(Bloomberg View) -- President Donald Trump will soon get a chance to remake the Consumer Financial Protection Bureau, one of the signature creations of the 2010 Dodd-Frank financial reform law. The current director, Richard Cordray, has just announced his intention to step down.
It's a good moment to review what the bureau is for, and why it matters.
As recently as a decade ago, the U.S. had no single regulator tasked with looking out for the interests of consumers in financial markets. Fragmented oversight allowed all kinds of bad behavior to fall through the cracks. Mortgage brokers hid the true terms of loans in piles of nearly indecipherable documents. Banks changed the order of transactions to extract the maximum overdraft fees from poor customers. Payday lenders offered products designed to trap people in an unending cycle of debt.
After the 2008 financial crisis, renewed attention on such abuses prompted Congress to create an entirely separate regulator. To avoid the bickering that can paralyze agencies such as the Securities and Exchange Commission, legislators gave it a single director instead of a bipartisan group of commissioners. To ensure adequate resources, they funded it from the coffers of the Federal Reserve rather than through the often fraught appropriations process.
Cordray has accomplished a lot. The CFPB designed new, simpler mortgage-loan disclosures. It shed light on banks' overdraft practices. It created the first federal rules to make payday lending less predatory. It gave the public reams of valuable information, such as a database that allows consumers to compare credit-card agreements. Its practice of publishing complaints pushed financial institutions to be more responsive. Its investigation of Wells Fargo brought national attention to the fake-accounts issue.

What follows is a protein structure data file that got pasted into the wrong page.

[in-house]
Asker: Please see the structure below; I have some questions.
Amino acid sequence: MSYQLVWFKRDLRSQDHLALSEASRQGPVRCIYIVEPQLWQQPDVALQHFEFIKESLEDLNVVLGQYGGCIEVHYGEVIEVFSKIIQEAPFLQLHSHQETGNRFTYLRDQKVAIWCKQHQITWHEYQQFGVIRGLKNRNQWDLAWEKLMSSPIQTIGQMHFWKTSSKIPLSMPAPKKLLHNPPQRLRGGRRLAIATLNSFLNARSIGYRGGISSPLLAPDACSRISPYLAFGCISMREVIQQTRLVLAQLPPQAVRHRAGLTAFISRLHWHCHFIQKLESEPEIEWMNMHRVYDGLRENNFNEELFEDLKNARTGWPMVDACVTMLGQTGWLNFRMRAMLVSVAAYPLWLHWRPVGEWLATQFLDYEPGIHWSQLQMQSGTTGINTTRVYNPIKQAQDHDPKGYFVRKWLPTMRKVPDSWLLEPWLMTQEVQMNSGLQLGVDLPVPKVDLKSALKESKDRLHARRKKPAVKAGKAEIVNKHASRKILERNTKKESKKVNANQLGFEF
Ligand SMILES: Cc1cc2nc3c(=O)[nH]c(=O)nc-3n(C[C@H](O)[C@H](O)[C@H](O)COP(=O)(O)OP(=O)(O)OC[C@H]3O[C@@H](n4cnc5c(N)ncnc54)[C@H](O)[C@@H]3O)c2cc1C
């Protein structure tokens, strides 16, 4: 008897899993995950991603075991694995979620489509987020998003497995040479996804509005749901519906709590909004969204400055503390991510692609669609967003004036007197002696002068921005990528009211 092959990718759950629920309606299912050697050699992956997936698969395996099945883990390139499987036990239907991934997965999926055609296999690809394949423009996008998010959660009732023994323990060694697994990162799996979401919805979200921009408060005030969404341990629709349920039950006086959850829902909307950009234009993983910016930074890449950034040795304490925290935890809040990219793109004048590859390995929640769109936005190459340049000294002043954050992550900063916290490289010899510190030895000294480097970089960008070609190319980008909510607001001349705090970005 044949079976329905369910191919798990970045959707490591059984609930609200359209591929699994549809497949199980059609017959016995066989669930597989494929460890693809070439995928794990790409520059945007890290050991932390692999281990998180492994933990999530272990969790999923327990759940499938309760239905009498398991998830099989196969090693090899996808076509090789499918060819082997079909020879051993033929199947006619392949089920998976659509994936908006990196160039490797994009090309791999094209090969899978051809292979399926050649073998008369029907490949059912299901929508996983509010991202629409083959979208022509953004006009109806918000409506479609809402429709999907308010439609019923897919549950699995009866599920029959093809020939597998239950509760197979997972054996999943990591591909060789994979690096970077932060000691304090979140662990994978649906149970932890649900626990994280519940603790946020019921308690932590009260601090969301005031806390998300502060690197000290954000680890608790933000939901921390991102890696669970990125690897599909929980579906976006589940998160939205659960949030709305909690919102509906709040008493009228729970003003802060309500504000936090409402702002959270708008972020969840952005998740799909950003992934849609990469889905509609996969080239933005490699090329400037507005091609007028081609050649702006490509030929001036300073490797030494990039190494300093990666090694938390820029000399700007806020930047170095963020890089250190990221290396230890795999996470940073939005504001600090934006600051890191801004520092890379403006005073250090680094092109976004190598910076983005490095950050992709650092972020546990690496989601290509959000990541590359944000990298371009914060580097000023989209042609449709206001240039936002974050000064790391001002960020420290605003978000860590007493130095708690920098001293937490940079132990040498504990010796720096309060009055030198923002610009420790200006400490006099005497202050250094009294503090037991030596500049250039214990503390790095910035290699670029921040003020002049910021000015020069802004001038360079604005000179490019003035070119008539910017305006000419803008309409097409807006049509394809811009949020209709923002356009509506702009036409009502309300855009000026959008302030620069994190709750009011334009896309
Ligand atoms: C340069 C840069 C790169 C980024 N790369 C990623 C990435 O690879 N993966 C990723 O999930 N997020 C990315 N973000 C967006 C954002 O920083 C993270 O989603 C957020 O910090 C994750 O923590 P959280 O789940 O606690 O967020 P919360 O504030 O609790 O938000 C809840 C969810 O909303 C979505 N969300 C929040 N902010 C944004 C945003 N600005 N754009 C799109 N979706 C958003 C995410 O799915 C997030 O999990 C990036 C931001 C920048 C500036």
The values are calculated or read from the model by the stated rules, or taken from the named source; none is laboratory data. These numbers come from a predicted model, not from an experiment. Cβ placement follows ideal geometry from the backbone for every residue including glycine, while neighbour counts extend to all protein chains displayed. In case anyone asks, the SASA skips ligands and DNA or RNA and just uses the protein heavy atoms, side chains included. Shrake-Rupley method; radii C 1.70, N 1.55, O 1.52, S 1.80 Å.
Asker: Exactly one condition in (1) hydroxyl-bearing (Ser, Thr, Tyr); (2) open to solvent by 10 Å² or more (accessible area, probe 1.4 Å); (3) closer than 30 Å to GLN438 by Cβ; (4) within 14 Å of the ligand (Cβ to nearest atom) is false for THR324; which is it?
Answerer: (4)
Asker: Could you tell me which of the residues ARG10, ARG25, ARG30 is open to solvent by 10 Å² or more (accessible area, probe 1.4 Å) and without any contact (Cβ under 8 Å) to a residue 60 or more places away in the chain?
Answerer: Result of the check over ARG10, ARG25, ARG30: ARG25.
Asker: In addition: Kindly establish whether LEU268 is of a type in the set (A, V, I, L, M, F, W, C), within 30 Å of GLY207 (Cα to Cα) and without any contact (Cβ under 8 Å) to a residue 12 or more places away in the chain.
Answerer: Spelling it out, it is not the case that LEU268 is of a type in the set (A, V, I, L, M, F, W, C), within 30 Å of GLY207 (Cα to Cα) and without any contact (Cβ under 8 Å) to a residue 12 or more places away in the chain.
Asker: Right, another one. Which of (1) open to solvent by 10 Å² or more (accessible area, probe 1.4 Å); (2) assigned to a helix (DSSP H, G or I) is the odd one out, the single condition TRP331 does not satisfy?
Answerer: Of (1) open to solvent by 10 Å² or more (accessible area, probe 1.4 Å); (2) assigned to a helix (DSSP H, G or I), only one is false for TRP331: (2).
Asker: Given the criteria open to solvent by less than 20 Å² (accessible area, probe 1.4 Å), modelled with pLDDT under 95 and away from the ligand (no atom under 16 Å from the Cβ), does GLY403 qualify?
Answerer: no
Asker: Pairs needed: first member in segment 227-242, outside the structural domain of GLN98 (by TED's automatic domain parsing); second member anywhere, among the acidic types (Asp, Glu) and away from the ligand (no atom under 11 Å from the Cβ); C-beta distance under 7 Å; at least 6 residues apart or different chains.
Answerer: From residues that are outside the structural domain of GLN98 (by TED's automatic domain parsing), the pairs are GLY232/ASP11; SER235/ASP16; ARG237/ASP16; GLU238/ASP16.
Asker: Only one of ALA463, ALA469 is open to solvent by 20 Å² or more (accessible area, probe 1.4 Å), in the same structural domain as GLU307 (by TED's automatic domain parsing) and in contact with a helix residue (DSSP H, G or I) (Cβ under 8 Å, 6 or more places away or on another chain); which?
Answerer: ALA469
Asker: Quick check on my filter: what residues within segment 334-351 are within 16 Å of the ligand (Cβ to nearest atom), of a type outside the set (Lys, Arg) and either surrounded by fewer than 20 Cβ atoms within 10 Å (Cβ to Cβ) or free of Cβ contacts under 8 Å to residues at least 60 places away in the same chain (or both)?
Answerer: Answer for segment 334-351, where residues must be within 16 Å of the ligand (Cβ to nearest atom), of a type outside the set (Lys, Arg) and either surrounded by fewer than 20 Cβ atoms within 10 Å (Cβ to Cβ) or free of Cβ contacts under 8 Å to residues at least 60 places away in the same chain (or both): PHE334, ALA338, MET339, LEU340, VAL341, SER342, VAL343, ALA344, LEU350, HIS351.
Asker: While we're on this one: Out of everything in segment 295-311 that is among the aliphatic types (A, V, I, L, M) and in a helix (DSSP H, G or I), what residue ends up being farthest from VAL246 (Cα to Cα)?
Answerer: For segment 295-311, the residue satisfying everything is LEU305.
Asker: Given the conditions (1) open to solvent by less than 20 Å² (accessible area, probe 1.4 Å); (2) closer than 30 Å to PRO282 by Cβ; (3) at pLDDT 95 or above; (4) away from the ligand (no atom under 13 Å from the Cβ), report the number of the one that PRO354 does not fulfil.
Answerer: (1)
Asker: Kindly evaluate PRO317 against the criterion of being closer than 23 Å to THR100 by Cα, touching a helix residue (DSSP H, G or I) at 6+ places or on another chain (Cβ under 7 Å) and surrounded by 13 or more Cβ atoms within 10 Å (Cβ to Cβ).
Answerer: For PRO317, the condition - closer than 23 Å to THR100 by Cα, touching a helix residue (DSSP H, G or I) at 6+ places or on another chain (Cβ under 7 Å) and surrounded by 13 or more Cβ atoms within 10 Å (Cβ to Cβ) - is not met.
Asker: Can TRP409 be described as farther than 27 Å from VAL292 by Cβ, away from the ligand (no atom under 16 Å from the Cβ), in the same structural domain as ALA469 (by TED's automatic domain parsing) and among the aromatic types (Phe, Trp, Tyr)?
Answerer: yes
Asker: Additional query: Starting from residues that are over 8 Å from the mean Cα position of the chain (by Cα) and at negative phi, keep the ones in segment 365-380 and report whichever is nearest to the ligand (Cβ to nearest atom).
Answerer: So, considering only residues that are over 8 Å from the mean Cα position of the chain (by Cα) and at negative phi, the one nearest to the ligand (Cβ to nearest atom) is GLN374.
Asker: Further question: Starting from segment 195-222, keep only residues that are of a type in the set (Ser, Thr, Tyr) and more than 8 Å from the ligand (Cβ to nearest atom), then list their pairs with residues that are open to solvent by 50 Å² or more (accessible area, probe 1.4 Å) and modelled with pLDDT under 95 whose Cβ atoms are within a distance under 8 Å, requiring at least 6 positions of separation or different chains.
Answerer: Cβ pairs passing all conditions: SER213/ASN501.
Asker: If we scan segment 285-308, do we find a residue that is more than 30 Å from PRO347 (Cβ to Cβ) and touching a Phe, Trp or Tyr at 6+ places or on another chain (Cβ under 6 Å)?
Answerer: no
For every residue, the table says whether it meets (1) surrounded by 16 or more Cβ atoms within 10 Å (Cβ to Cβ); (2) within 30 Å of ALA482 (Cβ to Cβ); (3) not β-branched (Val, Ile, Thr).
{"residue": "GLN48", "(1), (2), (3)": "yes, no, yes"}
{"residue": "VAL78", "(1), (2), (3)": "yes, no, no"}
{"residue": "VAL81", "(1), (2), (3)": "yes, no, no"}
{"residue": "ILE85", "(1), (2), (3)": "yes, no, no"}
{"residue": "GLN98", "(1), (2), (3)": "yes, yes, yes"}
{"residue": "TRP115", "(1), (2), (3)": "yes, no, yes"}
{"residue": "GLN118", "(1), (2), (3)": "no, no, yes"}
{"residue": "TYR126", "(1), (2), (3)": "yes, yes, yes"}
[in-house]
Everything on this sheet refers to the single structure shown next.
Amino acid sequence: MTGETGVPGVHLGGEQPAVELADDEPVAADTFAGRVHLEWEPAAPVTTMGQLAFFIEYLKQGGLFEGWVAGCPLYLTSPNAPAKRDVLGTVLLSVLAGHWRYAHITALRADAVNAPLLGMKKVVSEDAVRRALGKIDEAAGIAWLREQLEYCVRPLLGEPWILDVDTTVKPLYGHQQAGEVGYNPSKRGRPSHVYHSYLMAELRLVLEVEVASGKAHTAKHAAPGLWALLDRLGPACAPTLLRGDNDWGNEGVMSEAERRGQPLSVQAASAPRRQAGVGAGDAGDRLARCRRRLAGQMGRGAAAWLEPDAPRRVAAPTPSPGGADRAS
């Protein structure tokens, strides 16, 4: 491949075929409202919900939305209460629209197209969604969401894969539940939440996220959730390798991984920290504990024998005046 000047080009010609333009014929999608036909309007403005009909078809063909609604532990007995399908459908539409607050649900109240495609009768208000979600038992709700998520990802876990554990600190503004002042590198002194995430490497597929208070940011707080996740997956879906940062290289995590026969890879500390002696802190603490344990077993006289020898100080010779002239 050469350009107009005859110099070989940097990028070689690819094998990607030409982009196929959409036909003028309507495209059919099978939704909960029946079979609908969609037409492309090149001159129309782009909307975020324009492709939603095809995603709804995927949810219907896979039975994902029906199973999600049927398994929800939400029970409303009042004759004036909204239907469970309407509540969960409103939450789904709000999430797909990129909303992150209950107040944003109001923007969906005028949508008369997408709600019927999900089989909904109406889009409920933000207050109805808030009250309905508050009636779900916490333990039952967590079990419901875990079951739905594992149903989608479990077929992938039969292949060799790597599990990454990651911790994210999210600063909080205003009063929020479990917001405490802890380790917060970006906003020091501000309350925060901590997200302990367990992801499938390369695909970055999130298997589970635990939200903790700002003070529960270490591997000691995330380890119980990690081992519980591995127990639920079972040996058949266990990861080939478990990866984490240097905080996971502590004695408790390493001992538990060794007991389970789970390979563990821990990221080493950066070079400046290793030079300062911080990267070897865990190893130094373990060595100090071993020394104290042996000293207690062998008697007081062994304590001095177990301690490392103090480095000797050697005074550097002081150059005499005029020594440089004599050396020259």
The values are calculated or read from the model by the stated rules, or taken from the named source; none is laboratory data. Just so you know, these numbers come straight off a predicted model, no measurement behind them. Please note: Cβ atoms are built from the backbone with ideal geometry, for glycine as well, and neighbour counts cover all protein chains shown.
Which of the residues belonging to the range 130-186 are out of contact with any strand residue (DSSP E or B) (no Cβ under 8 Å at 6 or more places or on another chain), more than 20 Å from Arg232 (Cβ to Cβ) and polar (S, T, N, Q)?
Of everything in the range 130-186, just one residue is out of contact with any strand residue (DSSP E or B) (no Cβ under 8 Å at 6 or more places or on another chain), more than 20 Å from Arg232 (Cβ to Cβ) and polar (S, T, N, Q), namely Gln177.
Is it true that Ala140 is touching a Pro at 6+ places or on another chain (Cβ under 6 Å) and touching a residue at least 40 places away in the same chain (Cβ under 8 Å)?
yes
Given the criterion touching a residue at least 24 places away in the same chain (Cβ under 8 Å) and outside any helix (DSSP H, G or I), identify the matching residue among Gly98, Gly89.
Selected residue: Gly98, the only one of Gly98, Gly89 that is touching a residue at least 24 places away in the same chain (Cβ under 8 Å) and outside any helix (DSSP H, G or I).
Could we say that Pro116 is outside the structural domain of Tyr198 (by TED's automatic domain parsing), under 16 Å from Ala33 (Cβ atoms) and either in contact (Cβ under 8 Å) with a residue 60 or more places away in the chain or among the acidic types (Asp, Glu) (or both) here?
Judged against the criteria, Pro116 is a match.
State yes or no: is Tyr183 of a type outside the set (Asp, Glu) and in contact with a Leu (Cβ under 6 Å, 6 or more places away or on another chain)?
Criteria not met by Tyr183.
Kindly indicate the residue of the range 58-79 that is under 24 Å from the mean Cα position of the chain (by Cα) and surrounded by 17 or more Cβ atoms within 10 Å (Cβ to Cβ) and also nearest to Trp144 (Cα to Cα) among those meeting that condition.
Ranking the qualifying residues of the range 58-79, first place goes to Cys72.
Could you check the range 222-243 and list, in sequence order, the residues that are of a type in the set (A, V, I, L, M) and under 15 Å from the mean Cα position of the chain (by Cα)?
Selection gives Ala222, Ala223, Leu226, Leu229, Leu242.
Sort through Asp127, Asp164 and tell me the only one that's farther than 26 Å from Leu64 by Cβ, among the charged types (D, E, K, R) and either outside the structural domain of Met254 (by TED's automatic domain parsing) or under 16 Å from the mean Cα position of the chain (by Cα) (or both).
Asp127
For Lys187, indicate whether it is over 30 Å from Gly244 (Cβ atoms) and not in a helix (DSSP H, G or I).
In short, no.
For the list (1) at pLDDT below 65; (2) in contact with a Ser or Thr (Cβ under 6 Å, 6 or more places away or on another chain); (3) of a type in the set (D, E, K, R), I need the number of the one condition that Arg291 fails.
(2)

For the most part, Cordray avoided overreaching. Although some rules did unduly burden smaller banks, the bureau has listened to complaints and acted on them. (It modified the payday-lending rules, for instance.) Not surprisingly, though, its efforts have met resistance. Financial lobbyists want to shut down the complaint database. A Treasury report cited "excesses and abuses," and House Financial Services Committee Chairman Jeb Hensarling, a Texas Republican, went so far as to call it a "rogue agency."
The president could now appease the CFPB's critics by appointing a more compliant director. That would be a shame. Some of its practices (in particular, preferring discretionary enforcement over explicit rule-making) are less than ideal and ought to be revisited; in other areas (such as auto lending and credit reporting) its authority should be expanded. What's not required, though, is a regulator ready to do the industry's bidding.
Overall, Cordray's CFPB has done a good job for U.S. consumers. His successor should aim to do the same.
--Editors: Mark Whitehouse, Clive Crook.
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